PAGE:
Cristianne Rodrigues
Curator

Ancestral fight

Edgar KANAYKÕ

2019

Fidé, Paris

It is estimated that 5 million natives lived in Brazil when the Portuguese arrived in 1500. Today, they are only 900,000, or 0.4% of the Brazilian population. Belonging to 305 ethnic groups, speaking about 200 native languages, they offer their country an extraordinary cultural diversity.

Yet these five centuries of history have been a permanent threat to Indians’ culture and identity as a direct result of the tragic spoliation of their lands.

Among the Indians of Brazil, indeed, the struggle for land has been an incessant struggle since the sixteenth century. For these populations, the territory represents the guarantee of being able to live in the integrity of their culture, as provided for in the 1988 Constitution. Called the Citizens Constitution, it recognized, for the first time, indigenous peoples in their cultural specificity, their guaranteeing the right to live on the land of their ancestors, under the protection of the State. This right is widely threatened today.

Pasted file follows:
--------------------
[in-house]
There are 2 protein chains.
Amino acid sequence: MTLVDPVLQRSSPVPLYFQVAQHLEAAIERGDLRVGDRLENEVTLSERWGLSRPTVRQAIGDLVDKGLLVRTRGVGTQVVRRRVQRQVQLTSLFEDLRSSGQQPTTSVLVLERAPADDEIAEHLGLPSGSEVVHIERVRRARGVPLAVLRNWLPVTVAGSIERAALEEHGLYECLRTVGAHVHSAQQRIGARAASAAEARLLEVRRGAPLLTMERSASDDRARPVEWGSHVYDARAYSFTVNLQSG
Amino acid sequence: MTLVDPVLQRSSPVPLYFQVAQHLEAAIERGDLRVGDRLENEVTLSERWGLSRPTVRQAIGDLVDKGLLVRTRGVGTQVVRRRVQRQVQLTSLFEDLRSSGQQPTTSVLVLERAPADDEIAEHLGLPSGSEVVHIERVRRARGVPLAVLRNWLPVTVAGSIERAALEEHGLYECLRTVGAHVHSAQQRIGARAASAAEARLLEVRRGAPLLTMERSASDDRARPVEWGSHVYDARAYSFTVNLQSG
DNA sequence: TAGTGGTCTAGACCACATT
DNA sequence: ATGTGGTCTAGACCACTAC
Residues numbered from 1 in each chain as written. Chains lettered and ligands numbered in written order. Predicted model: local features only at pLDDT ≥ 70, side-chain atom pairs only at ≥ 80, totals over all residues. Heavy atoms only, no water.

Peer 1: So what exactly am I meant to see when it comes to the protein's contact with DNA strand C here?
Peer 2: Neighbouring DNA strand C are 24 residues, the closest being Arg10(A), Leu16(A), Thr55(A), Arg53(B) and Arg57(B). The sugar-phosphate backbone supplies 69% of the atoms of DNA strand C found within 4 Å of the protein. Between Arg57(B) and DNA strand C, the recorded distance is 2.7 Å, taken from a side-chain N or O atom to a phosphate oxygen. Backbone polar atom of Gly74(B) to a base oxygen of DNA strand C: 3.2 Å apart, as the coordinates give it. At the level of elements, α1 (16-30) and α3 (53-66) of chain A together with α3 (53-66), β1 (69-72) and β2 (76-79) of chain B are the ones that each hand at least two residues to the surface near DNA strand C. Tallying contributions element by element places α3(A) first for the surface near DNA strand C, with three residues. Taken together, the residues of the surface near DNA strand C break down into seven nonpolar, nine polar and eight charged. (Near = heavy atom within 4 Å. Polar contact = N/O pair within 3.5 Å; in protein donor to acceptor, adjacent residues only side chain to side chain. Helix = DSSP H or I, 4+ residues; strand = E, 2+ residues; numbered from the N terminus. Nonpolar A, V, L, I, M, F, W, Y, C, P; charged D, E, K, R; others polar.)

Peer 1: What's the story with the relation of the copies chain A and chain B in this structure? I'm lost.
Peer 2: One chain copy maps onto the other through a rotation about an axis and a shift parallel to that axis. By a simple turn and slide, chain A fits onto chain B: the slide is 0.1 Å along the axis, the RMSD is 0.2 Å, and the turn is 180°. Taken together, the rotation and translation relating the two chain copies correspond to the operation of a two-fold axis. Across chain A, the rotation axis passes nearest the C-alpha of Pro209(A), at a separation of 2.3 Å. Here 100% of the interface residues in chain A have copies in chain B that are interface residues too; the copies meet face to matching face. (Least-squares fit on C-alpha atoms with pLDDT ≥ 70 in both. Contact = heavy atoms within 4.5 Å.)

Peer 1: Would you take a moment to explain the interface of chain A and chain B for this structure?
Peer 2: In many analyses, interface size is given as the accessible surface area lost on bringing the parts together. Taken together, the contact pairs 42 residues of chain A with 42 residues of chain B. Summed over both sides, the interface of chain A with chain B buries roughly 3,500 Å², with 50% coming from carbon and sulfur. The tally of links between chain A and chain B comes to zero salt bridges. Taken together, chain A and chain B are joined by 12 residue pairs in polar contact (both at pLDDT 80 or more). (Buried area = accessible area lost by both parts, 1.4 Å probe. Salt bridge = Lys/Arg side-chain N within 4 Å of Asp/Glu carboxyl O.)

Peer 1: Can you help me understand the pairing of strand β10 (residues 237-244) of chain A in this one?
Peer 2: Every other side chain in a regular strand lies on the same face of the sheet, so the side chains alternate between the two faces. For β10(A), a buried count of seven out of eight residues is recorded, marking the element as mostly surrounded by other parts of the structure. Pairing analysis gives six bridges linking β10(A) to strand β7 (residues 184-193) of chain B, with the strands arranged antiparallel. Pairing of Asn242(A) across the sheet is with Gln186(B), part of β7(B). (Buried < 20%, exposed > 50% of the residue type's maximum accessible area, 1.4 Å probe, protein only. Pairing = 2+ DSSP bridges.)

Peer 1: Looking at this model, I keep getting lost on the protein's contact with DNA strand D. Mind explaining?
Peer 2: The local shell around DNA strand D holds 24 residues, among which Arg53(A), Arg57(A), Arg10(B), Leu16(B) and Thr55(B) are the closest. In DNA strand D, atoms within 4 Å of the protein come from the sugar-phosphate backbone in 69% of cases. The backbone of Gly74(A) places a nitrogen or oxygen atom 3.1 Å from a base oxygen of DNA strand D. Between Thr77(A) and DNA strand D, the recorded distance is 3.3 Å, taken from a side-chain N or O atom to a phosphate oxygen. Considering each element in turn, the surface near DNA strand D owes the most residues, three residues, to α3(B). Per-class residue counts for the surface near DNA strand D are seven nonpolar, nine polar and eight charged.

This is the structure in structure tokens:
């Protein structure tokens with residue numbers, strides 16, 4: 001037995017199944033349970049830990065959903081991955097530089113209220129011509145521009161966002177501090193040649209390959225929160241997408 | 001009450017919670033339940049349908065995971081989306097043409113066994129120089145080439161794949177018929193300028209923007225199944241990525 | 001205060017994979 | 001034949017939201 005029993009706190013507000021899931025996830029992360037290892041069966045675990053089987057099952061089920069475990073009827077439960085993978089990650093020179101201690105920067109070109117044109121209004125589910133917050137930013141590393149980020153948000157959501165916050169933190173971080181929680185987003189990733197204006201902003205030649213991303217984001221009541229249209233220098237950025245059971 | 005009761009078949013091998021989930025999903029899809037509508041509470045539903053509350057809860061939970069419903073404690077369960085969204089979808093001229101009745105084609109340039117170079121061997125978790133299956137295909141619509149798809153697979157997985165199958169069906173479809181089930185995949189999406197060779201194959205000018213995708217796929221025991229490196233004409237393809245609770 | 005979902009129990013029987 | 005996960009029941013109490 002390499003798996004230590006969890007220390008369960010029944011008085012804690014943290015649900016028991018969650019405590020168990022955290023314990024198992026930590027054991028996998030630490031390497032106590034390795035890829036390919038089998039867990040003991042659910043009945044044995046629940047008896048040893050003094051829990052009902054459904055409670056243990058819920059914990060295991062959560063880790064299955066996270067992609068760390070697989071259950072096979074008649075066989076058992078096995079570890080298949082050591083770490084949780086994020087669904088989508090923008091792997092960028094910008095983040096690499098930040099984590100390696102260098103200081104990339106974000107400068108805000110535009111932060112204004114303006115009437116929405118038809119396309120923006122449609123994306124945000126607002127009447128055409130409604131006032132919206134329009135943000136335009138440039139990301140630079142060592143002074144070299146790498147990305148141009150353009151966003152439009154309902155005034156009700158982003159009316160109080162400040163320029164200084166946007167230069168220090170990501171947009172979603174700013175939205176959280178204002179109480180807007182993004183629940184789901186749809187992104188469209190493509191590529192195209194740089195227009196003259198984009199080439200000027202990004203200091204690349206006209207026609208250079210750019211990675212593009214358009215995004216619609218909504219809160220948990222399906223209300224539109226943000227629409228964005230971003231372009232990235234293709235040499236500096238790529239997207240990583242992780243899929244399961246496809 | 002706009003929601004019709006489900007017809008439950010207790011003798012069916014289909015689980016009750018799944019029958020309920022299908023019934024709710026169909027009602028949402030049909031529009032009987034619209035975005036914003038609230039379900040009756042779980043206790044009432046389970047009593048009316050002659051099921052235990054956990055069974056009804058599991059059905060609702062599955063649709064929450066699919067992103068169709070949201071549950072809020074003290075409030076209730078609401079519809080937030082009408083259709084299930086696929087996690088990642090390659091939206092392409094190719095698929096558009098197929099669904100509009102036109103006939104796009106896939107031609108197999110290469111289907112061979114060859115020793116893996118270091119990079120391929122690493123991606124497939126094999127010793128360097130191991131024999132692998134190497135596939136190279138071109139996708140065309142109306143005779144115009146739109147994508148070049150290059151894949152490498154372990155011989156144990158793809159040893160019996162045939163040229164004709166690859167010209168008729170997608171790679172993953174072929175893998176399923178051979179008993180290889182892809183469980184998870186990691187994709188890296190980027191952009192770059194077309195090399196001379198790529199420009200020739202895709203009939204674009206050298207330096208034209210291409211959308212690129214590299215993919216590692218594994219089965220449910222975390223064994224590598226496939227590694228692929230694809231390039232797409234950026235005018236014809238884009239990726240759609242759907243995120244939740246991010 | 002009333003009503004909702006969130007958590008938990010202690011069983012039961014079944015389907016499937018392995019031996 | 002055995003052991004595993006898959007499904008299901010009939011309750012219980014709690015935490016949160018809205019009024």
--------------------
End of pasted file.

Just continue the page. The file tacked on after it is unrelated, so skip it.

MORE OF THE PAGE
In April 2017, a large gathering in Brasilia brought together representatives of various ethnic groups from across the country to protest the multiple threats to these peoples. The photographer Edgar Kanaykõ (1990), himself from an indigenous people, the Xakriabá, captured this historic event.

If there is an inheritance that the Xakriabá are sure to bequeath to their children, it is the struggle.

© Cristianne Rodrigues - Mentions légales
© Edgar Kanaykõ © Edgar Kanaykõ © Edgar Kanaykõ
© Edgar Kanaykõ © Edgar Kanaykõ © Edgar Kanaykõ © Edgar Kanaykõ
© Edgar Kanaykõ © Edgar Kanaykõ © Edgar Kanaykõ
© Edgar Kanaykõ
© Edgar Kanaykõ
© Edgar Kanaykõ
© Edgar Kanaykõ
© Edgar Kanaykõ
© Edgar Kanaykõ
© Edgar Kanaykõ
© Edgar Kanaykõ
© Edgar Kanaykõ
© Edgar Kanaykõ
© Cristianne Rodrigues - Mentions légales